Our family loves to drive past our old homes in Massachusetts and Virginia, trying to catch a glimpse and a memory of the rooms we once inhabited, the place where we loved and laughed, cried and fought. We critique the changes the new owners made, wonder why they took down that tree fort built by our sons’ young hands, cut down the tall trees out back, or why they changed our favorite paint color.
My childhood friend owns a home in the same Cape Cod neighborhood where my grandparents once lived. When I visit her, we walk over to my grandparent’s old house and stand at the end of the driveway. I silently long for my grandmother to walk out the breezeway door and invite me in for her homemade clam chowder and gather me up
for one more walk along her beach over to the boathouse—our final destination where we always turned back for home. She’s been gone a very long time.
We can never really go home. My twins knew the house wouldn’t be the same. They knew they wouldn’t find our Brittany spaniel sitting by the backdoor, watching the squirrels. Their room would be painted a different cor with different furnishings and Godzilla their bearded dragon lizard would be gone. Their brothers wouldn’t be inside listening to music, playing guitar, or reading.
Recently, I’ve discovered I can find my old homes online by typing the address into Google and watching the most recent Real Estate ad pop up. In the case of our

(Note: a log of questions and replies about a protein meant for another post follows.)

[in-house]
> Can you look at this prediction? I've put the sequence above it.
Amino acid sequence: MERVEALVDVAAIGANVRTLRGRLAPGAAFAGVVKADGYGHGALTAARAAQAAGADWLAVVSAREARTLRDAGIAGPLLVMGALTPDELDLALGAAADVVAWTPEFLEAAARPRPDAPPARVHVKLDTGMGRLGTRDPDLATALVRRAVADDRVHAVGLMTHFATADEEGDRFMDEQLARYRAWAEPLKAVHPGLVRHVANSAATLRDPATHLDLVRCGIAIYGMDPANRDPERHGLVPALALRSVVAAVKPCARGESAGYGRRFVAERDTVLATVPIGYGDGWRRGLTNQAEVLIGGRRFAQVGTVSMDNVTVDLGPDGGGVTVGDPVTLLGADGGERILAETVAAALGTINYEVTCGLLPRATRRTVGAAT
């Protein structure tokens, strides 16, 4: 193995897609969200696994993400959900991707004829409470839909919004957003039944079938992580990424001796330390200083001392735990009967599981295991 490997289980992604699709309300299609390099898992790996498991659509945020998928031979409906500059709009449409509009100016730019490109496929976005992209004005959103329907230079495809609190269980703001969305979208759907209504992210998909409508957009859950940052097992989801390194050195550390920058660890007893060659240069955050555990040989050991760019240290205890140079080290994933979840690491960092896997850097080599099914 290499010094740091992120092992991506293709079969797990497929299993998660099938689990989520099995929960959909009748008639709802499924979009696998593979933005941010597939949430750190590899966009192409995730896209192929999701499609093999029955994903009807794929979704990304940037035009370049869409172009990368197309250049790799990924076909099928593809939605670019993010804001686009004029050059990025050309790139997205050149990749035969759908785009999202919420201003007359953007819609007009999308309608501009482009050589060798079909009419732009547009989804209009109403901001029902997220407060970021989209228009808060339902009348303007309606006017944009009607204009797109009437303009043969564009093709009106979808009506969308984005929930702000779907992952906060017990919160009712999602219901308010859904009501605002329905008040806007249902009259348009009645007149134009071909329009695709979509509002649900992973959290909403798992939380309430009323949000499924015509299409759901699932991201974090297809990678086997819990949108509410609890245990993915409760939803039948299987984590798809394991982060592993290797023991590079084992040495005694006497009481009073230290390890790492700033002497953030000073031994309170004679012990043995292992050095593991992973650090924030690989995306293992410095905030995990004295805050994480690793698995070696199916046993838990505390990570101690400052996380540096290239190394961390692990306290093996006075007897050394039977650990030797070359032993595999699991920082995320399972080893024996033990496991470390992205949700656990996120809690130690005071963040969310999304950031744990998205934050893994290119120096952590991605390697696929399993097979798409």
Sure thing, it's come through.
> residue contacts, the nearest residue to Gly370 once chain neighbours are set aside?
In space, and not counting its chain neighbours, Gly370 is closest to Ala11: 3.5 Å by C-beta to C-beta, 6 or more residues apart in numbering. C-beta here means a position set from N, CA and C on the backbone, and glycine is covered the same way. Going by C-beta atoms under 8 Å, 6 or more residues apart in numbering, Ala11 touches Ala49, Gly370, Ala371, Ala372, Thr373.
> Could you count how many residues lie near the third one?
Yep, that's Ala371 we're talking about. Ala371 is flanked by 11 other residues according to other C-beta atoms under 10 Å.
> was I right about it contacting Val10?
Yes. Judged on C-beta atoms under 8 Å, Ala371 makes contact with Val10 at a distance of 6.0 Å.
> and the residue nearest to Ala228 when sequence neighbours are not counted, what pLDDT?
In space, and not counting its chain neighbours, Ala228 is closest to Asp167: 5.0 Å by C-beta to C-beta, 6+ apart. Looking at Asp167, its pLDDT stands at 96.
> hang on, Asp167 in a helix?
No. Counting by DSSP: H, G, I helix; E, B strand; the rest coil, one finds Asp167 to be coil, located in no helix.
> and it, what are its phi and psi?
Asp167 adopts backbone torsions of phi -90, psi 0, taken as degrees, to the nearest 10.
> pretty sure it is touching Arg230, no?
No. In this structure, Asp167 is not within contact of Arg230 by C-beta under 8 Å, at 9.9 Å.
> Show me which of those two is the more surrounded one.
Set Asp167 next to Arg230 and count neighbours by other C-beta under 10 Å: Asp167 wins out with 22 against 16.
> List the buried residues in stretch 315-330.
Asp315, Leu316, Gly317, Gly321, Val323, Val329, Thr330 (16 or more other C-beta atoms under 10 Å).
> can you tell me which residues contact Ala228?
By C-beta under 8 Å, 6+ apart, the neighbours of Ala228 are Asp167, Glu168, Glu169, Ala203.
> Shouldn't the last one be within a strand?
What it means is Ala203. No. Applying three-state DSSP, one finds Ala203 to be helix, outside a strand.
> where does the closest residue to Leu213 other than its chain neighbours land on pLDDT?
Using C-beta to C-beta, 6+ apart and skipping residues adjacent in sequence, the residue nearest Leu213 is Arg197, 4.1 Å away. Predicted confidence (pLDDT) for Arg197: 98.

old home in Massachusetts, I caught a glimpse of the rooms where we lived, the grape arbor in the backyard, the renovations the new owners made to improve the
was more peaceful than my own turbulent home. When my sons were growing up and I had found the family I always longed for, a part of me still longed for a more ordered home, some idyllic place where I would never feel the anxieties of this world and the push of needing something, anything.
while the smell of dinner wafts from the kitchen. In the cold weather, a fire burns warmly in the room. Voices are quiet or silent in this safe, safe place where strife ceases to exist.
This imagined home is a mere fantasy, a mirage in most cases. Many of the homes I pass likely have worries over bills, grief over the tension between spouses when one reclines in the basement watching sports for hours on end and one uses their tongue to slice and dice people. But here’s the puzzling part. Why create this phantom life in my mind when my home today fits the lovely description above, a comfortable refuge for us and for others who visit? My home may not be luxurious or fit for Home and Garden magazine, but it’s the kind of home that just might be the best you can find on earth, despite its small size and simple furnishings. Everyone feels welcome and safe here. We enjoy a steady stream of rich company and great conversation around the table, creating memorable moments.
wisely describes this longing in Mere Christianity: “If we find ourselves with a desire that nothing in this world can satisfy, the most probable explanation is that we were made for another world.”
is both memoir and rich biblical theology, and is, in all of its parts, an
aroma of the Home for which we are made and for which we are destined. With
wit, candor, a good bit of humor, and with transparent glimpses into her home,
her history, her travels, her travails, her worship, her marriage, her table,
her rest, and her longings—Jen offers an oasis for all of us who are homesick.”